In a letter to the director of the D.C. Board of Ethics and Government Accountability, however, two leading area environmentalists on Wednesday said the simultaneous negotiations raised questions that must be probed.

“Barely two weeks after the Pepco sponsorship agreement, the Mayor announced the merger settlement and her support for the merger . . . which was in contrast to her previous position,” they wrote.

In a news conference outside a Pepco substation that would be demolished to make room for the new soccer stadium, Mike Tidwell, one of the two authors of the letter and head of the Chesapeake Climate Action Network, went further.

He and other critics held up a banner that read “SOCCERGATE: Did Pepco buy Mayor Bowser for $25 million?” The opponents also laid out a web of financial connections between Bowser’s administration, developers and donors to a pro-Bowser political action committee that they said pointed to a conspiracy to ram through a merger not in the best interest of ratepayers or the environment.

“There’s a story here, a very big story, in my opinion,” Tidwell said. “The facts already are extremely controversial. We did not throw this word ‘soccergate’ out lightly,” he said.

Anya Schoolman, director of the Community Power Network, said an analysis by her group has found a problem with a provision in the merger deal to shield D.C. residents from rate hikes until 2019. The arrangement could result in a balloon hike for residential transmission rates of 45 percent that year — a time period, she noted, that would be “after the next mayor’s election.”

Schoolman also questioned why the utilities have declined to say if they were asked to contribute to a pro-Bowser political action committee. That PAC was shut down Tuesday night, but Pepco again on Wednesday declined to say if the company had been asked to support it during the negotiations.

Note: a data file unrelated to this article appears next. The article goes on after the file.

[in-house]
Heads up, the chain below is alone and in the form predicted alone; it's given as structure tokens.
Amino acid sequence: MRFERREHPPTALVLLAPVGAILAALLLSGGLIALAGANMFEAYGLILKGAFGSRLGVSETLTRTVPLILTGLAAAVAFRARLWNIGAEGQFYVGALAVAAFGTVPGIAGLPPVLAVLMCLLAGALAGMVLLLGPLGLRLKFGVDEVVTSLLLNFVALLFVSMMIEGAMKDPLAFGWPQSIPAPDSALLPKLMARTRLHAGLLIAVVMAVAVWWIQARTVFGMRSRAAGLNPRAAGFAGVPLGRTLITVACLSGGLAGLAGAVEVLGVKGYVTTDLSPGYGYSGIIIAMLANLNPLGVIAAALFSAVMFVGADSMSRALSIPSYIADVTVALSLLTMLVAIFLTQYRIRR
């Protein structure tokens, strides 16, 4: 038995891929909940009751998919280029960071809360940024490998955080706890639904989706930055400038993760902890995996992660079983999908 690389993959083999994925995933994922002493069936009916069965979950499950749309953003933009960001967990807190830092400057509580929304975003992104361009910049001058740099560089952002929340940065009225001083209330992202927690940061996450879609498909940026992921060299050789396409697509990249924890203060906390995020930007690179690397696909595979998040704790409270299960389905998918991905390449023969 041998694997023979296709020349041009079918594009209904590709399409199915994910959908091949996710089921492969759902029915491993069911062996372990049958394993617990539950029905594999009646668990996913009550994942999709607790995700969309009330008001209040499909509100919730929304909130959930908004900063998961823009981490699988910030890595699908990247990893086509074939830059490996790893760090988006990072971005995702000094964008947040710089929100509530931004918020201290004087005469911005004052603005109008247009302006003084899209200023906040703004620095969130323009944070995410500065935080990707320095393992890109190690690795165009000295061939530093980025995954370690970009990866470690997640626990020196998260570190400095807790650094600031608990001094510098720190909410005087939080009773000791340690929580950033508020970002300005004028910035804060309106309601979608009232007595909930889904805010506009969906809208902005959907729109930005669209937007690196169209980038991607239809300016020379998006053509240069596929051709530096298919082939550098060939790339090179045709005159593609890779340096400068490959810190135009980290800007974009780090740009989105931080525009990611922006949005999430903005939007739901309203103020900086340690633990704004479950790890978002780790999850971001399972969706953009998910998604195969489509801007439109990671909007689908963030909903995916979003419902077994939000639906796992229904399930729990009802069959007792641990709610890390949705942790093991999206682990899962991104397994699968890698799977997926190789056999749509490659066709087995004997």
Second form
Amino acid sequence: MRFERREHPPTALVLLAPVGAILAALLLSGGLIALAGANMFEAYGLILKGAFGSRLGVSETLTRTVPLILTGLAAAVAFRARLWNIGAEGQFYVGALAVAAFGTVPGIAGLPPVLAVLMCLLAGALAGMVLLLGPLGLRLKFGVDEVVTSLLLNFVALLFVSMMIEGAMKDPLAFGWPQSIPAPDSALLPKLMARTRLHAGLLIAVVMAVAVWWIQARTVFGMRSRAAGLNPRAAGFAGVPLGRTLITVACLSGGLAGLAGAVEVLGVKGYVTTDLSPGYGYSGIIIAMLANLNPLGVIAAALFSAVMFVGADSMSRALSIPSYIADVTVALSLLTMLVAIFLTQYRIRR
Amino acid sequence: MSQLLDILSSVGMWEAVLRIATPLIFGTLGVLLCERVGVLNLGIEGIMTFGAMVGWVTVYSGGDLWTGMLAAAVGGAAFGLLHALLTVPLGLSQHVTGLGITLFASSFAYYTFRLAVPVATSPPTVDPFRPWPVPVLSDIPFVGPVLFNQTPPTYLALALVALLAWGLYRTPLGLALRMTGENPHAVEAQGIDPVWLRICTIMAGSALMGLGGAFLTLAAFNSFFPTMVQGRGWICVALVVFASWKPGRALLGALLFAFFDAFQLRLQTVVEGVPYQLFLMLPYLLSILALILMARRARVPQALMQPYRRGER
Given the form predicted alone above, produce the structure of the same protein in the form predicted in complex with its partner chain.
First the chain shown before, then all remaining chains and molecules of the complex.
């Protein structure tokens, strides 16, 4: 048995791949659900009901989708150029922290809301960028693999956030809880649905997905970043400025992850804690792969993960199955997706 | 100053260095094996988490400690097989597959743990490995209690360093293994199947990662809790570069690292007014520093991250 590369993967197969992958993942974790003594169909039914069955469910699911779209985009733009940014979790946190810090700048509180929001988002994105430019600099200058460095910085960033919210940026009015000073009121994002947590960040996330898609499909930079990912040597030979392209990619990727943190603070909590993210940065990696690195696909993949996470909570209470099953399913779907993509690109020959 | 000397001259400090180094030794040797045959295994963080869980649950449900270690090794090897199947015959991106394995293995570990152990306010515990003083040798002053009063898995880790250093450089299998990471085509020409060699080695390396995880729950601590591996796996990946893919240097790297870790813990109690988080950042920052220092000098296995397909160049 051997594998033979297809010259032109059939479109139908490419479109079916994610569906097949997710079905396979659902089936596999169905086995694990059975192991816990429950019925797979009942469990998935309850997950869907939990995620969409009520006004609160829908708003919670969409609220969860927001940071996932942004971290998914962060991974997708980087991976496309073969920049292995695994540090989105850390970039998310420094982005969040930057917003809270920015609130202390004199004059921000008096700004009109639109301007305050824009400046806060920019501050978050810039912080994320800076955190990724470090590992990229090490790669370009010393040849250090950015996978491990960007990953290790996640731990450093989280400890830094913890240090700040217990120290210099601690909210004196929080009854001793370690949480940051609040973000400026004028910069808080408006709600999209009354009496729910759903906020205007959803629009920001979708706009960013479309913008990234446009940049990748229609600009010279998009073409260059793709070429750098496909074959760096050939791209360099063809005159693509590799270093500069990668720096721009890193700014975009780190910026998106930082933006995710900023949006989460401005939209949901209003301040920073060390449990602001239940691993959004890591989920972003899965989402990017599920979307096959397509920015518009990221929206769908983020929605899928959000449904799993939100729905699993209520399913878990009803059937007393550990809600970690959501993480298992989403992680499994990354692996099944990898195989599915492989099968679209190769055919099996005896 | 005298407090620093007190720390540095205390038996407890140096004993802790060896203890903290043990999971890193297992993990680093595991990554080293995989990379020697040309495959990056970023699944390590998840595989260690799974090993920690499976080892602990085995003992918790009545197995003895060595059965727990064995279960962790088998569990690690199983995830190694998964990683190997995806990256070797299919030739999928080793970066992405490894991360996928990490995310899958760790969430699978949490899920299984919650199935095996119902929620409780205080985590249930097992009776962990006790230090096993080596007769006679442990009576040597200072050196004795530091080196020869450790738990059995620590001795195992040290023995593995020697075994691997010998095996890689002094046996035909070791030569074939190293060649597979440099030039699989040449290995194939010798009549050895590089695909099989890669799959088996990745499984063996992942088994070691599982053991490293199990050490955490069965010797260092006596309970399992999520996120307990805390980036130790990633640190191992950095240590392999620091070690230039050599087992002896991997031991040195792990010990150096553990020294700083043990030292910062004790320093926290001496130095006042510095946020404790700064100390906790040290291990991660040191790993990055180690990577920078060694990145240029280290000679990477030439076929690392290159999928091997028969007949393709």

Advocates also broadened their criticisms. They took aim at Sandra Mattavous-Frye, head of the Office of the People’s Counsel and once the merger’s most vocal critic. She reversed course and backed the merger, and Bowser reappointed Mattavous-Frye to a new term two weeks later.

Schoolman also questioned the role of D.C. Attorney General Karl Racine, who at first recused himself from the merger talks because his prior law firm had represented Pepco.

Racine’s office, however, became heavily involved in negotiating the final deal that Bowser supported.

Both Mattavous-Frye and Racine have said the deal would be best for city residents.

Schoolman, however, said D.C. ethics investigators only need to use common sense to see the sponsorship deal and the timing of it merits a closer look. The deal would not put the company’s name on the stadium, but on a city park, or possibly on four blocks of what is now an industrial strip that would run adjacent to the stadium.

“What kind of a corporation pays $25 million for an unnamed empty lot somewhere, and why does the mayor even have the authority to hand out the names of streets?” she asked.